Free broadband hookup sparks interest in Trail

City of Trail and LCIC are offering free fibre optic internet hookups to eligible businesses.

By now most people will have heard about it, although they may not fully understand it, and some, depending on where they work, will have actually experienced it.

Now, the majority of the businesses in the downtown core of Trail will have the opportunity to have that mysterious next step in Internet technology, broadband, installed for free until March 31.

The Lower Columbia Initiatives Corporation (LCIC), along with the City of Trail and the Trail Broadband Committee, are offering business grade fibre optic connection to eligible businesses in the city centre and will spend the next 10 days canvassing businesses and building owners to generate awareness, provide more information on the service, and make inquiries about their potential needs.

“We’re really excited to be working to bring free connections to the businesses and buildings in Trail,” said Terry Van Horn. “The hookup will be free until the end of March, then until July 31 the cost will increase to $750, and after Dec. 31 will go up to the regular connection fee of $1,500.”

For those who are still somewhat mystified by all the chatter about broadband, it is, basically, just a much faster Internet connection, similar to what many will have had installed in their homes and businesses in the past.

The main differences between the old and the new are that the materials and equipment used to deliver the service have generally changed and it really is faster.

Until now, the majority of Internet connections have been over standard copper wire, either through existing phone lines or coaxial cable that was originally run for cable television.

Broadband is primarily run through fibre optic cable made of high-quality glass or plastic which isn’t affected by electromagnetic interference and carries signals much further, and faster, without losing strength.

One example that might help understand why broadband would be desirable is by comparing it to water.

Think of a 45 gallon barrel of water, with the water in the barrel representing your Internet signal.

If you put a one inch round pipe in the bottom of the barrel it would take a long time to drain the barrel. If you used a four inch round pipe the barrel would drain in hardly any time at all.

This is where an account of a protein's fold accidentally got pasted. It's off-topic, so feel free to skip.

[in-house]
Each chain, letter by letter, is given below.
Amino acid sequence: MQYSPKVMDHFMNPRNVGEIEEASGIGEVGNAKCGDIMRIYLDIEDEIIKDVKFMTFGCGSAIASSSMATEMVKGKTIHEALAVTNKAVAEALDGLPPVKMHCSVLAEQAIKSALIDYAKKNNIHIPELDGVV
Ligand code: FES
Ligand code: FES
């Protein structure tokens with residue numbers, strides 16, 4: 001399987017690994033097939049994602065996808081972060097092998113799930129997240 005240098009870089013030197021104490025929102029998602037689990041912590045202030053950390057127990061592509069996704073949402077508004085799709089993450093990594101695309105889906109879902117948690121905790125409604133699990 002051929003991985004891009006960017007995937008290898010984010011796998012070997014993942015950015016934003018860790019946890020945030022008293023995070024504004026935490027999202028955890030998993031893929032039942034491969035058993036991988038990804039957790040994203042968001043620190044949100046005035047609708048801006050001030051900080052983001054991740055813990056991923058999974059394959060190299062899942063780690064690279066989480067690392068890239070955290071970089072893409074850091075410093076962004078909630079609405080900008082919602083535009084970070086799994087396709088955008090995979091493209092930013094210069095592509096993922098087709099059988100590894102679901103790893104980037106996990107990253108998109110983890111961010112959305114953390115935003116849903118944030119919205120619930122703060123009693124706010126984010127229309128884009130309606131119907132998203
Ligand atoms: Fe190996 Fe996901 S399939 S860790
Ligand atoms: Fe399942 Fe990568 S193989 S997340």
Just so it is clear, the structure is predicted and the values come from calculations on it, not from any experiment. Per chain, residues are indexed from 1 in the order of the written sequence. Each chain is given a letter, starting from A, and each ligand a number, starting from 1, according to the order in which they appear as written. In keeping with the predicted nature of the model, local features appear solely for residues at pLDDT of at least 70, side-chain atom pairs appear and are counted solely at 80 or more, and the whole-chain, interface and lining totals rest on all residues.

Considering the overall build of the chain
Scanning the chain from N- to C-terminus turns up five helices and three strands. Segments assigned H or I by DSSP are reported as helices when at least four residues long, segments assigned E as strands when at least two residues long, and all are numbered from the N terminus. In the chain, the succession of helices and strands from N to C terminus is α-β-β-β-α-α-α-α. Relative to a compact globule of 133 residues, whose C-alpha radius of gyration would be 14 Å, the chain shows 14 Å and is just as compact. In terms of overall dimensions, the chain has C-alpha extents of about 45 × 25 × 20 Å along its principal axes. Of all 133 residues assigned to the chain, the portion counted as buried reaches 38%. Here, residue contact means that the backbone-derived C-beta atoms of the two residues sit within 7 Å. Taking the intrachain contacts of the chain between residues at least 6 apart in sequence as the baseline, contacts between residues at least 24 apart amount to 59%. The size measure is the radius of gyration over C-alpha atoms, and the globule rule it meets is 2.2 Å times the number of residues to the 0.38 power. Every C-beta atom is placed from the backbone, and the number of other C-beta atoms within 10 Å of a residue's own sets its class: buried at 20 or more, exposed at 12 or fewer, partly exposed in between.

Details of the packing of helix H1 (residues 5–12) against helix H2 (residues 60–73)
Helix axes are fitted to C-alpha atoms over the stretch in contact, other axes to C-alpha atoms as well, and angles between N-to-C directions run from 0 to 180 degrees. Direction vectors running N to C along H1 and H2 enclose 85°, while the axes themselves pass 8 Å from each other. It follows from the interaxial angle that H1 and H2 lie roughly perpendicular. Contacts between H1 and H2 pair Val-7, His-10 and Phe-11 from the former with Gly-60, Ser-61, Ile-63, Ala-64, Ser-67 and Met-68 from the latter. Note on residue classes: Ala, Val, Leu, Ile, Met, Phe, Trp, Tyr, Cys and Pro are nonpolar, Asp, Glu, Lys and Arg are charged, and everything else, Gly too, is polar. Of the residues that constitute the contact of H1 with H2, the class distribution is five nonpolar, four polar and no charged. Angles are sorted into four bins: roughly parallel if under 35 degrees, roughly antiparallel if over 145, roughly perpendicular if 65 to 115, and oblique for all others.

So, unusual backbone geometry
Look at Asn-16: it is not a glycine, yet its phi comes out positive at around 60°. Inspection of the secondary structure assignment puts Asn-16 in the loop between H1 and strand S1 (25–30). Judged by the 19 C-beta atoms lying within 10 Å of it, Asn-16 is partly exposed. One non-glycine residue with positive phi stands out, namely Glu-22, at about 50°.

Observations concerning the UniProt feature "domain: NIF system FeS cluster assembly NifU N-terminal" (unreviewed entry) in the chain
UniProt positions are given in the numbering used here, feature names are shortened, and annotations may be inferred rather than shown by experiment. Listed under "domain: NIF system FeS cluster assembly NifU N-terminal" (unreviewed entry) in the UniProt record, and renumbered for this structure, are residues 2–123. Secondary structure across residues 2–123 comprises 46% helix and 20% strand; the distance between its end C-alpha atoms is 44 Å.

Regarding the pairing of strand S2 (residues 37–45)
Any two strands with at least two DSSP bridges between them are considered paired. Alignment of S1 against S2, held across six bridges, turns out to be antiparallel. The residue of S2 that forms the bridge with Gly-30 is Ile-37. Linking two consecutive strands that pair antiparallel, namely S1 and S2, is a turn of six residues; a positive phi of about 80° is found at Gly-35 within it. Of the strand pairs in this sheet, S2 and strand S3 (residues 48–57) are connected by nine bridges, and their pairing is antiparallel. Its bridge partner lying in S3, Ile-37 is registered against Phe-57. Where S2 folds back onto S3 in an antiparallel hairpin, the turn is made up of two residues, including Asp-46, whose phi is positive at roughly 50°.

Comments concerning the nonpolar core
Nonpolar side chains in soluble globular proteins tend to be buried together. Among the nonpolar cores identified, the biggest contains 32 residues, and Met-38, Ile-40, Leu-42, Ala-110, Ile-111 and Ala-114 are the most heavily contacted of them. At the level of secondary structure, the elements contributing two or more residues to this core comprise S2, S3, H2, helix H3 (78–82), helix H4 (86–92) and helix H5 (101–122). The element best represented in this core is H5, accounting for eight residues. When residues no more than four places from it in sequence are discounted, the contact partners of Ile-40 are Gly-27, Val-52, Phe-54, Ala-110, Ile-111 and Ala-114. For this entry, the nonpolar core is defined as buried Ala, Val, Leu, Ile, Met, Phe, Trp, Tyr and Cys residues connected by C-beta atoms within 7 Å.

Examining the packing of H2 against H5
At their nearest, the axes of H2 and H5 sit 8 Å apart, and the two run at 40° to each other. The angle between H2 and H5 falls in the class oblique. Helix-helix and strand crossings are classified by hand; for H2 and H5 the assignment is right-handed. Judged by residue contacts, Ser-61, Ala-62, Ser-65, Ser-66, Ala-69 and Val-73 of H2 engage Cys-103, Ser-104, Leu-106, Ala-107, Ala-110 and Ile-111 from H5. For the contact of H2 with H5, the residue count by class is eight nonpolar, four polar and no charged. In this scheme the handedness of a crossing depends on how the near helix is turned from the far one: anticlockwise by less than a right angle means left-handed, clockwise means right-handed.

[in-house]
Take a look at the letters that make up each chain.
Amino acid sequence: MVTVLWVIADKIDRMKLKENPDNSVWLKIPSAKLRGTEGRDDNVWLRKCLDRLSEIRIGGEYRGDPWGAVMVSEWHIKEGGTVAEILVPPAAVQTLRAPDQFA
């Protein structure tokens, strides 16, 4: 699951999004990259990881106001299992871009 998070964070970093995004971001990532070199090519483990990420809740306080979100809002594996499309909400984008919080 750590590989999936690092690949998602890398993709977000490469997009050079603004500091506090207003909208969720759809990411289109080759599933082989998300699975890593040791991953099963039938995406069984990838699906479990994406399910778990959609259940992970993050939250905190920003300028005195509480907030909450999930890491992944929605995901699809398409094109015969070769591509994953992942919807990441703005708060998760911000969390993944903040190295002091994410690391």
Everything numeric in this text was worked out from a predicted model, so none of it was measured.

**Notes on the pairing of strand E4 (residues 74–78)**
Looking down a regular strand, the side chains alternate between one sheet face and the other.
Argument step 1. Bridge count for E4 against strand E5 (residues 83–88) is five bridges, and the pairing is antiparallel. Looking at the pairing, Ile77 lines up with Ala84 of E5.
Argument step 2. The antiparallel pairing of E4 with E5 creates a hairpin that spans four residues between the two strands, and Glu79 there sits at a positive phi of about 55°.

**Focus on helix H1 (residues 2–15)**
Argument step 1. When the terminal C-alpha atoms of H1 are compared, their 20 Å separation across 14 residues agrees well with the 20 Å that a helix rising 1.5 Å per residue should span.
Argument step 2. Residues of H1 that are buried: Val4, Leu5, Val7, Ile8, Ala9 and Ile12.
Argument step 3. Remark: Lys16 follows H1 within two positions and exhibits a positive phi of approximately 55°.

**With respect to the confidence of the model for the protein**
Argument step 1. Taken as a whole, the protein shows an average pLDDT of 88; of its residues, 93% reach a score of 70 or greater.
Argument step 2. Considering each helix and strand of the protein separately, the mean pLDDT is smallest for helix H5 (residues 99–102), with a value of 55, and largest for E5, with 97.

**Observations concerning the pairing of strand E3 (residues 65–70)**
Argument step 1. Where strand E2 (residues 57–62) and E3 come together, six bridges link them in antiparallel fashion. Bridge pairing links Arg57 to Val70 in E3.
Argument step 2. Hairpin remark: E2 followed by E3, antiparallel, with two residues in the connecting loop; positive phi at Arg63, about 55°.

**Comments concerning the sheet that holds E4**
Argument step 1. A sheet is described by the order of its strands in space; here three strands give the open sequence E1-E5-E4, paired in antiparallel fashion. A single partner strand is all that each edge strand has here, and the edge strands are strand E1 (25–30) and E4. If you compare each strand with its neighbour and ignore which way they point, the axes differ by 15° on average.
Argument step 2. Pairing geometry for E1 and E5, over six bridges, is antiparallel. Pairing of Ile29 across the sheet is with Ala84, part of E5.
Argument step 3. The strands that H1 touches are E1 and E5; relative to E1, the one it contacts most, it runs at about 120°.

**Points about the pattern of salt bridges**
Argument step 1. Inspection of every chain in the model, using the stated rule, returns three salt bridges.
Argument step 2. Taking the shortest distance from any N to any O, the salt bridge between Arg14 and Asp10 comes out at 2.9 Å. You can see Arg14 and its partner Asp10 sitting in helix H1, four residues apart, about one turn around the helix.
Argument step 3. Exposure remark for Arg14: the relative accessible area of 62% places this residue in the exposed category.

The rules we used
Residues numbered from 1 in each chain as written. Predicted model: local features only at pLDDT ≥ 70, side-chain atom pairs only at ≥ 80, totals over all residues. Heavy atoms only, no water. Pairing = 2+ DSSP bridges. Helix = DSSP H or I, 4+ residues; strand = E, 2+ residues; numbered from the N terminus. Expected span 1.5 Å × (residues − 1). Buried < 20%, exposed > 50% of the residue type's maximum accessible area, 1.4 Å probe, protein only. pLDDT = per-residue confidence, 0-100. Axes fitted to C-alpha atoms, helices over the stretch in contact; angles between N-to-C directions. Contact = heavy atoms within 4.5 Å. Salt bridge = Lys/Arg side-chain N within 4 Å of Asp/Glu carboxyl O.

The old internet connection is like the one inch pipe and broadband is like the four inch pipe.

“This is a big thing, for any size of business,” said Ron Perepolkin, community economic development coordinator at Community Futures in Trail. “The fast upload speed really makes a difference, as well as the download. It allows for new technologies that can be used for transactions, monitoring sales or inventory. For instance a restaurant; the waiter could take an order on an iPad or tablet and it would show up instantly on a screen in the kitchen, without having to run back with it written on a slip of paper. When it came time to pay, the waiter could swipe the credit card or debit card with the iPad’s card reader and the customer doesn’t have to go up to a till. It can really speed things up.”

The obvious benefactors of broadband are engineering and utility companies that need to transmit very large data files over the internet or any organization that needs to backup their computer network data files. The faster speeds would allow them to complete these transfers much more quickly and securely.

It would also be a benefit for any business or organization that does a lot of communication, voice or video conferencing. A business with branches of stores in another location could have real time communication over the internet without having to worry about long distance phone calls or jerky video calls that freeze or fail part way through.

Unfortunately, there are a few sections of the downtown that are currently unable to access the broadband network, due to permit difficulties with the communications poles where the cable is run or due to engineering complications making connection too costly at this time but Perepolkin said that the issues are being worked on and will hopefully be resolved.

The monthly cost of the service is still yet to be determined. Once the LCIC has completed their canvassing of downtown businesses and have a firm idea of the number of customers signed up for the service the hunt will begin for an internet service provider.

“We’re going to send out a Request for Proposals (RFP) to service providers and ask them to bid for providing the internet access for the network,” said Van Horn. “With the majority of the businesses downtown seeking the service as a group, we’re hoping to be able to get a better deal on the monthly fee but we’re not anticipating a huge increase. It should be similar to the current internet service but it will ultimately depend on the level of service customers are interested in.”

Around 20 to 30 businesses have already signed up for the new service, according to Van Horn, with the hopes for the majority of the downtown to be signed up by March.

“I think that the uptake is going to be very positive,” said Norm Casler, executive director of the Trail Chamber of Commerce. “It may be that the particular business or building owner may not see a need for it immediately but for the future, when they may want to upgrade or want to sell the building, it will be a benefit. And it’s free right now, no commitment required to get the connection. I think people will jump in.”

Anyone interested in more information about the broadband initiative can find it, where else? On the internet at www.trailbroadband.ca.

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